I hope there were at least some Pence advisers who warned against this ill-advised campaign strategy.  If not, Pence needs better advisers on his team.


Cato said...

Gary deleted my comment, so I'll try it here.

Pence won't talk policy because he's one of those right-wing, Protestant, pro-Israel goofballs, and we saw how well those guys fit in in Norway.

Perhaps false-flag Carlos Lam has an opportunity in the Pence administration?

Nicolas Martin said...

That's a bit much, Cato, linking Pence to a mass murderer (who is not Bush). Just as quoting Locke doesn't link the Norway killer to libertarians, being a conservative Protestant doesn't link him to Pence. American conservatives like their civilians killed by governments, not by free agents.

Now to my question: How did Pence vote on the creation of the TSA?

Blog Admin said...

Nicolas, you'll have to refresh my memory. Did the Patriot Act create the TSA, or was it a separate piece of legislation?

Nicolas Martin said...

Pence has made a habit of dodging hot issues.

Mike Pence (R-IN) Gets Hammered on his Creationism by Chris Matthews

Nicolas Martin said...

Pence voted for creation of the TSA as part of the
Secure Transportation for America Act, which I think was eventually named the Airport Security Federalization Act of 2001.

The oft-demonized Nancy Pelosi voted against it, as did the heroic Ron Paul.

Nicolas Martin said...

Not to hijack the comments entirely, but my point is that when the rubber hits the road Republicans are just as willing to enlarge government as Democrats, though sometimes for different reasons. And who could have anticipated that TSA employees would become unionized?

Rather than supporting the private option, Pence voted for creation of a massive new federal agency, having been warned that it would engender a large new union workforce. He is, in short, a typical Republican. Their small government, low-taxes con is so transparent than even Mr. Ogden may catch on to it someday.

Cato said...

Sorry, Nic, I'm opening fire on the neocons. They have entire media networks devoted to demonizing Muslims, and any time they find someone of Muslim heritage who so much as jaywalks, they use it as a new justification to advance the culture war, to foment hatred of the "Other" and to restrict our liberties.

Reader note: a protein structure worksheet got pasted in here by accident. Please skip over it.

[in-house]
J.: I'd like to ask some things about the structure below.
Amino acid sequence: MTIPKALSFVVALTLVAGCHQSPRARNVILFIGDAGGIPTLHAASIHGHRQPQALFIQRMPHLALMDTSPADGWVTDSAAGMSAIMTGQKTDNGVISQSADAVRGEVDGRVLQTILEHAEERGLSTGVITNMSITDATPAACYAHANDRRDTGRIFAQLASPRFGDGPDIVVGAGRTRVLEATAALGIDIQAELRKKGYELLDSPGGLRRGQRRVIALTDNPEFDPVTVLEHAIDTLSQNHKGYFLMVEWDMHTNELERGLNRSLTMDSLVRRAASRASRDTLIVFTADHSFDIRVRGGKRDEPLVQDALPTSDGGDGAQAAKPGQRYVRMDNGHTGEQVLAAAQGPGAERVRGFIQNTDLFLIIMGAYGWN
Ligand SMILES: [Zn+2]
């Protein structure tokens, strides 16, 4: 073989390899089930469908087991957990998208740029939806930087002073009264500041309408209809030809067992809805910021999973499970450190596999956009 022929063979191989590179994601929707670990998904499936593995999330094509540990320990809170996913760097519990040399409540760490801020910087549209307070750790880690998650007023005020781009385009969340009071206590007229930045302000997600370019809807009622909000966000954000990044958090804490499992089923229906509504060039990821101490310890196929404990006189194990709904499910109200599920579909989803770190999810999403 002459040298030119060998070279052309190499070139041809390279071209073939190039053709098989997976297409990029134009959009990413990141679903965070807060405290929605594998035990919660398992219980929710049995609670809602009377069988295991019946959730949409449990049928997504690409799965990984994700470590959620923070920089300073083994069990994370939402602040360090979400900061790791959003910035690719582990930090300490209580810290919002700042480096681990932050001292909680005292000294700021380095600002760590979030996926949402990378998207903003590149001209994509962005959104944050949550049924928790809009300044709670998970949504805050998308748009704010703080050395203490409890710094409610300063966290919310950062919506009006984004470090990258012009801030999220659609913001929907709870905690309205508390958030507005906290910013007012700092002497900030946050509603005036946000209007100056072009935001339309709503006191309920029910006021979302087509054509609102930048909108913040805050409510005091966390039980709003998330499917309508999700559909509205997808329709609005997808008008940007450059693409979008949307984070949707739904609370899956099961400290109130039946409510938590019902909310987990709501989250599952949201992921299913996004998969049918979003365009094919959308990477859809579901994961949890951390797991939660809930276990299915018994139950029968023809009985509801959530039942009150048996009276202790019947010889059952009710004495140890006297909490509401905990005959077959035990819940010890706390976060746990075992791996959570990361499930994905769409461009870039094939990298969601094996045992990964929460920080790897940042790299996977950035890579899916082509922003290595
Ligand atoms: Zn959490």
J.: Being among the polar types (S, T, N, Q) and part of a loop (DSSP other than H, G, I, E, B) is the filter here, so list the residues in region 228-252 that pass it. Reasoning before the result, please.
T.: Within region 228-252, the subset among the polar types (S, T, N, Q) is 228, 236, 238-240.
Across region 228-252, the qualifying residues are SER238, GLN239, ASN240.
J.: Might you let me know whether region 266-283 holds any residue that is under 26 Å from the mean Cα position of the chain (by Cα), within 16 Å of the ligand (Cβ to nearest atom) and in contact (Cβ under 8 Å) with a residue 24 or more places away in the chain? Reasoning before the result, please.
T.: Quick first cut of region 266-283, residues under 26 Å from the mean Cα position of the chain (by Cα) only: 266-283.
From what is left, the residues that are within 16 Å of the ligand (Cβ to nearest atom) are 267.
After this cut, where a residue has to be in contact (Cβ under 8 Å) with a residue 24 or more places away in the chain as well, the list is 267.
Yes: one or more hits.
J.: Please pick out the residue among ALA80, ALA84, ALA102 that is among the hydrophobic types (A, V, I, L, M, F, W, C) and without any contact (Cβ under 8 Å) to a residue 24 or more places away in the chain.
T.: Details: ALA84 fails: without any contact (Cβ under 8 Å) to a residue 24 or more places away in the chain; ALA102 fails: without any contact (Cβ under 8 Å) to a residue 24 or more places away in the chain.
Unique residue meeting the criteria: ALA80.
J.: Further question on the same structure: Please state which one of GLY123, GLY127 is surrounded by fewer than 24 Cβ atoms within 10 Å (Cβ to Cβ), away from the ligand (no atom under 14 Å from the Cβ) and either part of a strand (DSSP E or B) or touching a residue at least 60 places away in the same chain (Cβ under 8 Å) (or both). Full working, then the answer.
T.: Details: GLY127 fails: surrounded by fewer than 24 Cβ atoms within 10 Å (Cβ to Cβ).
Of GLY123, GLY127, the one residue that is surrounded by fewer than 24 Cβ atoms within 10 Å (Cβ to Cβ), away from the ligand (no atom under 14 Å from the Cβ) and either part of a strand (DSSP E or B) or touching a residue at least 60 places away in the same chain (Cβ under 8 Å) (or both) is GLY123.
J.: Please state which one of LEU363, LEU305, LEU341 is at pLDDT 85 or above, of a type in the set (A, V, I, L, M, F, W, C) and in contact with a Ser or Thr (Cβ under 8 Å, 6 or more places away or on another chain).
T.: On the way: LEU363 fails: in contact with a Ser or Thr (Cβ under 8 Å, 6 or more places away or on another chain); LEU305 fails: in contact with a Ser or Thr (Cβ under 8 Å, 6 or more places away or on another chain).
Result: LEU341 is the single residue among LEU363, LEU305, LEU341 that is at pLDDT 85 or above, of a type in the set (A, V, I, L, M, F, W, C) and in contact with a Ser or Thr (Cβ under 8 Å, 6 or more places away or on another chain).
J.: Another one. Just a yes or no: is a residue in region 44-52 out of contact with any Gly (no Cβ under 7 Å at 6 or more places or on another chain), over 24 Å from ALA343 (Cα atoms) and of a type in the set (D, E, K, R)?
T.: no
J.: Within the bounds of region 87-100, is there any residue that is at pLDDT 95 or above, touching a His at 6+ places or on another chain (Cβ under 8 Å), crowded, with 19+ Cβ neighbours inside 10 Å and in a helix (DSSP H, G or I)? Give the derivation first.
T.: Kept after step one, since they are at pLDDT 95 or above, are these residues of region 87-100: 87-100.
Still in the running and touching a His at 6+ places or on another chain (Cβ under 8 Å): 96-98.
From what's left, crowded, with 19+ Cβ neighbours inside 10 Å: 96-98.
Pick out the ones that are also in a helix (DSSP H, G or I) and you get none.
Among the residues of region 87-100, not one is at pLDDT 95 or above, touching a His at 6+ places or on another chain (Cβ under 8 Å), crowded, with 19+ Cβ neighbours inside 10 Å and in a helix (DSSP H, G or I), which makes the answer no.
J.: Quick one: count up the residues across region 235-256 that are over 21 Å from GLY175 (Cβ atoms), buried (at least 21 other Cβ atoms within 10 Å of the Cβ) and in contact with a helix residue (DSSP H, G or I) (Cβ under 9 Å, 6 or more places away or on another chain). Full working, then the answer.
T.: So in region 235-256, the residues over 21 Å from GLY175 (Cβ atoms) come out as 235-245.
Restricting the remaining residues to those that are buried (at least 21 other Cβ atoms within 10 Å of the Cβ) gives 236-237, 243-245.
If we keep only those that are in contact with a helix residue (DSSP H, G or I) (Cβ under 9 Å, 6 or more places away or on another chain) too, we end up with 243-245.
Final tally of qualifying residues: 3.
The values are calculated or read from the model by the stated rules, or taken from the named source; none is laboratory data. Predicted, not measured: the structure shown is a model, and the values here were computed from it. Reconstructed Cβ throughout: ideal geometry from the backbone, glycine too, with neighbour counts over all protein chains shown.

I think 9/11 was completely concocted by the Bushies and Israel as a justification to get us involved in perpetual occupation of the Middle East, so I have little worry about using the neocons' own tactics against them.

If Barack Obama, Andre Carson and Keith Ellison equal Al Qaeda, then the neocon, pro-Israel, AIPAC scumballs equal Norway and 9/11.

If Fox News were as hysterical about white terrorism as brown terrorism, AIPAC would be as reviled as the "Ground Zero Mosque."

Glenn Greenwald wrote an excellent piece on this:

Nicolas Martin said...

The conservatives are usually ugly xenophobic nationalists. That I'll grant. (How many of the Republican presidential candidates have denounced Herman Cain's recent bilge or the nasty campaign against the NYC Islamic center?) Hate-mongers Coulter and Malkin are mainstream Republicans, after all.

There are so many solid reasons to criticize the Republicans that there is no reason to link them to Norway; and I don't like smear by implication. By the second day there were already web sites trying to link the killings to libertarianism, and there are no more savage Muslim haters than the Randians, who are linked to some libertarians.

Cato said...